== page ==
• Advertisement
Sign in to follow this  

Text Based RPG help

This topic is 2283 days old which is more than the 365 day threshold we allow for new replies. Please post a new topic.

If you intended to correct an error in the post then please contact us.

Recommended Posts

Ive been working through the Game Institute's C++ Module I and have completed almost all of the exercises except for adding multiple enemies to combat. Most of the features I did get operational I implemented in unorthodox ways(i.e. Store, Save Game, Load Game, and Random Encounter during rest)

What I'm looking for is some constructive criticism on how to improve the code and any tips on how to implement multiple enemies into the combat scenario. It advises to return a pointer to an array of enemies from Map::checkRandomCounter() then to update the player's attack function to accept an array of monsters. I can't seem to figure it out.

Also, attached is the code for the project.

EDIT: Went through the code again and fixed some bugs. I updated the .zip archive.

Share this post


Link to post
Share on other sites
Advertisement
Can someone please give me some tips on how to clean this up and make it more object-oriented?

Initially I tried to create an enter function within the store(i.e. store.enter(mainPlayer)) and pass a pointer to player into the function but that didn't work out as I am still struggling to grasp the concept of pointers.

Also random encounter during rest is pretty messy. I would have liked to create the the random encounter within the rest function but failed as I'm sure using pointers is the solution.

I'm not asking for someone to just hand me over a solution I would just like some tips on improvement and hopefully help grasping pointers and their mechanics. Thank you in advance.

Share this post


Link to post
Share on other sites
I'm a newbie or I would try to help you.

However, I've found using pastebin.com will make it easier for others to answer your question. Also, paste code here using the code tag. That might get you some answers! :)


EDIT: I'm playing your game now, by the way! :) Edited by Sharpe

Share this post


Link to post
Share on other sites
Sorry it took me so long to respond. I don't mean to bring up an old thread. I would just like to say thank you for your very educational post. It took me at least 5 reads to grasp it but I finally understand pointers and implemented them in my game loop, the result is a much clearer and more optimized one that I'm very grateful for. Thanks again.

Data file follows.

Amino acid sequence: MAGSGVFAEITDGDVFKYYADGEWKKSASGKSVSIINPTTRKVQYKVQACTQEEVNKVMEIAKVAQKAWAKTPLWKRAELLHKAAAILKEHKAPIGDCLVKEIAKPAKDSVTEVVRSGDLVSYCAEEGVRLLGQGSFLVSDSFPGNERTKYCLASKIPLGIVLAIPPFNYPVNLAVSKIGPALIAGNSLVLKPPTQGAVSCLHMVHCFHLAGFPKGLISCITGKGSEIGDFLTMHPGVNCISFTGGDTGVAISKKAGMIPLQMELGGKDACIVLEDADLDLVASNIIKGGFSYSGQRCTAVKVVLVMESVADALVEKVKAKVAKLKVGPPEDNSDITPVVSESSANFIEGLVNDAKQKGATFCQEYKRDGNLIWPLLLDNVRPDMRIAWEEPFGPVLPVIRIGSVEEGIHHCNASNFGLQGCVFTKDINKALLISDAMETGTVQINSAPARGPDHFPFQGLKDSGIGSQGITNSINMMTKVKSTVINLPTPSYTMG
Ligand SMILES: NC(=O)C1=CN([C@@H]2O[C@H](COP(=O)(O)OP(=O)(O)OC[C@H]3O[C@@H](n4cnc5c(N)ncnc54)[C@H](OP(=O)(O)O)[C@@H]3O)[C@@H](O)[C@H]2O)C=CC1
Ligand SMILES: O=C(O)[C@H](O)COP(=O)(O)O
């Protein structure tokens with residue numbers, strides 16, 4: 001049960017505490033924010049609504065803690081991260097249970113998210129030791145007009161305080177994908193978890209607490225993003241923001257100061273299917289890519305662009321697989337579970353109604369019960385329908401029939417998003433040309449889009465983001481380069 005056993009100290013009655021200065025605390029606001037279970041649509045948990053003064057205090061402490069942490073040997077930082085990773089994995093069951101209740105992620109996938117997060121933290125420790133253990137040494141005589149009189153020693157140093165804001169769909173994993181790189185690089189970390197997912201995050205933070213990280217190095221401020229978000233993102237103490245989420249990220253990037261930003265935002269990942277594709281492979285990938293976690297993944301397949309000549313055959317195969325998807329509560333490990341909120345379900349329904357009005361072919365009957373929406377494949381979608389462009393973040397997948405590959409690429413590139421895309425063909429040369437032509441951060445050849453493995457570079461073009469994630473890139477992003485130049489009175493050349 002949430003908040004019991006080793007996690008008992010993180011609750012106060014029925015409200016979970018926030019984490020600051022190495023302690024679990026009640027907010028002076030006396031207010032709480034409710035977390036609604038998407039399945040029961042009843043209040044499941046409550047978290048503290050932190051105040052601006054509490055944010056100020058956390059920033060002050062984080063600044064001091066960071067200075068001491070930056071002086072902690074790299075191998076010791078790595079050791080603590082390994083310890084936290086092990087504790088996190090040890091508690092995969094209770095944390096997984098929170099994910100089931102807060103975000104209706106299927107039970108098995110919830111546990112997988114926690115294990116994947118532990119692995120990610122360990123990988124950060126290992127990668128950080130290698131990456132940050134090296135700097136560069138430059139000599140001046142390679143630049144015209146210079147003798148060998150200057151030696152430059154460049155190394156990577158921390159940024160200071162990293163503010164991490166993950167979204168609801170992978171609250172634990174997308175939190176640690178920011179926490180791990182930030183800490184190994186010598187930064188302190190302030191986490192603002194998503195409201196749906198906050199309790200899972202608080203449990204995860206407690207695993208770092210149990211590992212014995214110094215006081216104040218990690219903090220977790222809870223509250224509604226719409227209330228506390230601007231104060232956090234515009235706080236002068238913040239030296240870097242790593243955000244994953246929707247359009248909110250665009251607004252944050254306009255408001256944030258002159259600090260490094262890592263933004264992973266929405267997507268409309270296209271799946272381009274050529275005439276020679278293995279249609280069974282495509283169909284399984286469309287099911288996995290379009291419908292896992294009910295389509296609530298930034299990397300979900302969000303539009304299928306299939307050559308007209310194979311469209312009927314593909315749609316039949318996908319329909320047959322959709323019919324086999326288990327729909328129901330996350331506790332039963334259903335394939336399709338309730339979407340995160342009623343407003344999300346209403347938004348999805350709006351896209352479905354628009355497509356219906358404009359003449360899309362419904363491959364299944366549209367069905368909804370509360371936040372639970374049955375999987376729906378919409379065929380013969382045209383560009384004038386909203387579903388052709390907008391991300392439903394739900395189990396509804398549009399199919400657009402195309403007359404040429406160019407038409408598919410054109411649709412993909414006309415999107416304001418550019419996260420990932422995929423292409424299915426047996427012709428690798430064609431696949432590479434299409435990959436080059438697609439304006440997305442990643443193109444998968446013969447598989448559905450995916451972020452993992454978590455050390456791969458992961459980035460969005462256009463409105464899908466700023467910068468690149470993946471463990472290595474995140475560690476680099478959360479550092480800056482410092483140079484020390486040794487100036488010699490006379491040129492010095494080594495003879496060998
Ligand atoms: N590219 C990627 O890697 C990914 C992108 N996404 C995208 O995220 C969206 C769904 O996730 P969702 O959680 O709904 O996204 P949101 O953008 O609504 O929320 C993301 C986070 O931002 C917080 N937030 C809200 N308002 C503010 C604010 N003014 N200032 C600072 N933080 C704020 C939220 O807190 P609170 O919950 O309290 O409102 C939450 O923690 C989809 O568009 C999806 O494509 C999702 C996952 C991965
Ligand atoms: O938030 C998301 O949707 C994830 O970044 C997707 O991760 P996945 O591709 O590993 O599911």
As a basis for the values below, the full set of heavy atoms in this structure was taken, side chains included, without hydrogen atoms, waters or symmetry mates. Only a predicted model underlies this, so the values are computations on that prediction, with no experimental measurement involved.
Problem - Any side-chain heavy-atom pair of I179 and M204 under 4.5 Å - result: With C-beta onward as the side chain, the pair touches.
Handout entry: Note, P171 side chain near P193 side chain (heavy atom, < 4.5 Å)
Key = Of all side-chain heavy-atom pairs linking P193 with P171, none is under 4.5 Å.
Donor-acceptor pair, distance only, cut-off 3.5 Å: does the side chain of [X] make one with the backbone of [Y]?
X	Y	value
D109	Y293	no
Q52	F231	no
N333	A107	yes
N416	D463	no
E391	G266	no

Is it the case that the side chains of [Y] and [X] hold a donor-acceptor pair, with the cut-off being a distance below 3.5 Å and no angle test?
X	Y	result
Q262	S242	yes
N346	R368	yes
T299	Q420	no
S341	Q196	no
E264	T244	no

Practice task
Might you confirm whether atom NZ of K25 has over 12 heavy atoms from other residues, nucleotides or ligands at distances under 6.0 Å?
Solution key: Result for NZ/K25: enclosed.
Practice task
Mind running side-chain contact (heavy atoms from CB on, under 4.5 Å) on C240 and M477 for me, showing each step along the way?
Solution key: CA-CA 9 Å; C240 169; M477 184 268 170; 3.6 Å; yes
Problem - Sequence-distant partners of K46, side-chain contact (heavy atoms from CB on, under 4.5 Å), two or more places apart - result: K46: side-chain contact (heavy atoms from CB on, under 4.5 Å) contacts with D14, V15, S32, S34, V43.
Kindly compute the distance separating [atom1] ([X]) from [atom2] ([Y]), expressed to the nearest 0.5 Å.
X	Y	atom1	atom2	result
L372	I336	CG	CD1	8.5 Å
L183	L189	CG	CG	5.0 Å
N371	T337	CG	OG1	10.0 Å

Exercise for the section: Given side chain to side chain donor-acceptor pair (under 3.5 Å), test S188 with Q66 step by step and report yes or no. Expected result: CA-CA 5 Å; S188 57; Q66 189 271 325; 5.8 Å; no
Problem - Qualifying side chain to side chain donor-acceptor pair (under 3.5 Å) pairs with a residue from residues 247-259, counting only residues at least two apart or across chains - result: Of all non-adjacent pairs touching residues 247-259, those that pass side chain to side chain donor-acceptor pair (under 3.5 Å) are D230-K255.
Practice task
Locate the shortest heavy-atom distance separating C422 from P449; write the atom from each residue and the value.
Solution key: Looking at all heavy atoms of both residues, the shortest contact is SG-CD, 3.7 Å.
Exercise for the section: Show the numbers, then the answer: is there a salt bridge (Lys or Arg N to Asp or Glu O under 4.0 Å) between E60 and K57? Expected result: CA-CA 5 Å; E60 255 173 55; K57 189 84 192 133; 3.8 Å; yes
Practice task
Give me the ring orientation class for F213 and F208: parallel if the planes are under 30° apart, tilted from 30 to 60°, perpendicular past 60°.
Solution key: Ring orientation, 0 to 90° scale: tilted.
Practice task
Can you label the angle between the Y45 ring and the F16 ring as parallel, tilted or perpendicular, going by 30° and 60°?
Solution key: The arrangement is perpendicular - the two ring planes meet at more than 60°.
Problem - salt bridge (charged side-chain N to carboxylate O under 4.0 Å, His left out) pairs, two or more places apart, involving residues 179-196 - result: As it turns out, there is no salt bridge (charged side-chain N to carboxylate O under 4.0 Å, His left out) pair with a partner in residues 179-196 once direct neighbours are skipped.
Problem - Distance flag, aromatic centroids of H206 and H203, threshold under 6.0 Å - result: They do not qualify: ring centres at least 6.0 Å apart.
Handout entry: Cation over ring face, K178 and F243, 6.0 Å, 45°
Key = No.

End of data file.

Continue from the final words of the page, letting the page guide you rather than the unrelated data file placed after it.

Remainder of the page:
Share this post


Link to post
Share on other sites
Went through the code today and cleaned it up a lot and commented it as much as I could to explain how everything works. Got the main source file game.cpp down to 96 lines.


// game.cpp
#include "Map.h"
#include "Player.h"
#include "Store.h"
#include "Display.h"
#include <cstdlib>
#include <iostream>
#include <fstream>
using namespace std;

int main()
{
////////////INITIALIZE GLOBAL VARIABLES////////////////////
//Initialize the game map, the player, and the display which contains functions used to display the various menus throughout the game..
//Also initialize an input variable to navigate the different menus of the game.
Map gameMap;
Player mainPlayer;
Display display;
int selection = 0;
////////////////////BEGIN START MENU/////////////////////
//Display the Start menu and prompt the user to load a previous game or start a new game.
display.Splash();
display.StartMenu();
cin >> selection;
cin.ignore();
if(selection == 2) {
//Load Game.
mainPlayer.loadGame();
gameMap.loadPlayerPos();
}
else {
//Create New Player
mainPlayer.createClass();
}
/////////////////////END START MENU /////////////////////////
/////////////////////////////////////////////////////////////
////////////////////BEGIN GAME LOOP//////////////////////////
/*Initialize control variable for main game loop.
If this variable is set true the game loop will exit.*/
bool done = false;
while( !done ) {
//Clear the screen.
system("CLS");
selection = 0;
// Each loop cycle we output the player position and a selection menu.
display.MainMenu(gameMap);
cin >> selection;
// Test the selection. If Selection == valid. Game Loop keeps going.
// If Selection != valid. Game loop restarts and prompts user for another selection.